Higher ed hosts a bewildering number of professors who 1.) fail to provide examples of completed projects and assignments, 2.) actively avoid examples on the premise of promoting creativity, and 3.) presumably enjoy a comfort zone of non-clarity.
Rubrics and Examples
Rubrics clarify assignment expectations, guiding students on where to spend their energy and creativity.
Rubrics support teachers in grading neutrally, quickly, and clearly.
Examples communicate vast amounts of information about quality, completeness, and acceptable work.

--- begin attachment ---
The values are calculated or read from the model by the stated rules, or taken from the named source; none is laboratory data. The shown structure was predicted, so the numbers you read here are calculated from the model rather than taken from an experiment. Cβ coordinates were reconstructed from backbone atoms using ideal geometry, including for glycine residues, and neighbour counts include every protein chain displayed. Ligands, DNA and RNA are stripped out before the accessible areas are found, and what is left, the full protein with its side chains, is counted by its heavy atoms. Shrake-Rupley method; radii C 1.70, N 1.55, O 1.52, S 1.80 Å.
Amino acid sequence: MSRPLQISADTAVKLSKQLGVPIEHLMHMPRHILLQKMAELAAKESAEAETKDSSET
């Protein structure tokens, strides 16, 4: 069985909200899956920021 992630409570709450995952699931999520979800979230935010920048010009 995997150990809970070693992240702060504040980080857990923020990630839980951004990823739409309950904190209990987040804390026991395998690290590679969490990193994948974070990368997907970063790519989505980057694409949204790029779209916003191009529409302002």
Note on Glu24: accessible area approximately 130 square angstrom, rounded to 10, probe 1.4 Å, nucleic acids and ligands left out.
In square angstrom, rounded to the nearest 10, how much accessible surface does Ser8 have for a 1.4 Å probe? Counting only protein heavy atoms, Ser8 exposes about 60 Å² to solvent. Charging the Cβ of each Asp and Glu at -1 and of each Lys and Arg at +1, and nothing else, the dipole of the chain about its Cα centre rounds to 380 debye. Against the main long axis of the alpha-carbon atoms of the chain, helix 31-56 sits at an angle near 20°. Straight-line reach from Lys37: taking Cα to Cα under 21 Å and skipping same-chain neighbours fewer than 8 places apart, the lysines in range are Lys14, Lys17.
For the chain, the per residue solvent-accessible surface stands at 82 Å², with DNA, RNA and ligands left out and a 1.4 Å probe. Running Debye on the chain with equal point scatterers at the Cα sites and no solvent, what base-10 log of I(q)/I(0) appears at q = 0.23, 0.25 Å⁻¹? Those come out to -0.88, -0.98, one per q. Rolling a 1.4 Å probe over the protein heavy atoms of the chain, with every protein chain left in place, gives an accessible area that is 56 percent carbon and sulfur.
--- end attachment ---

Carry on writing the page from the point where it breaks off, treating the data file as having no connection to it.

Multiple examples inspire creativity instead of limiting it.
"Two or more vastly different examples of successful A-grade assignments encourage student inferences and higher-order critical analysis. Multiple examples expand creativity rather than limiting it." —NRS
Addressing Privacy/Copyright Issues
Get written permission from previous students to display their work.
Bite the bullet. Start from scratch and create new project examples yourself.
State copyright and ownership of the work clearly the course introduction, including that students may not copy or reuse the examples provided.
Define plagiarism clearly—with examples--and reiterate the school’s policies. Many international students bring vastly different cultural and institutional perspectives on plagiarism, citations, original work, sharing, cheating, etc.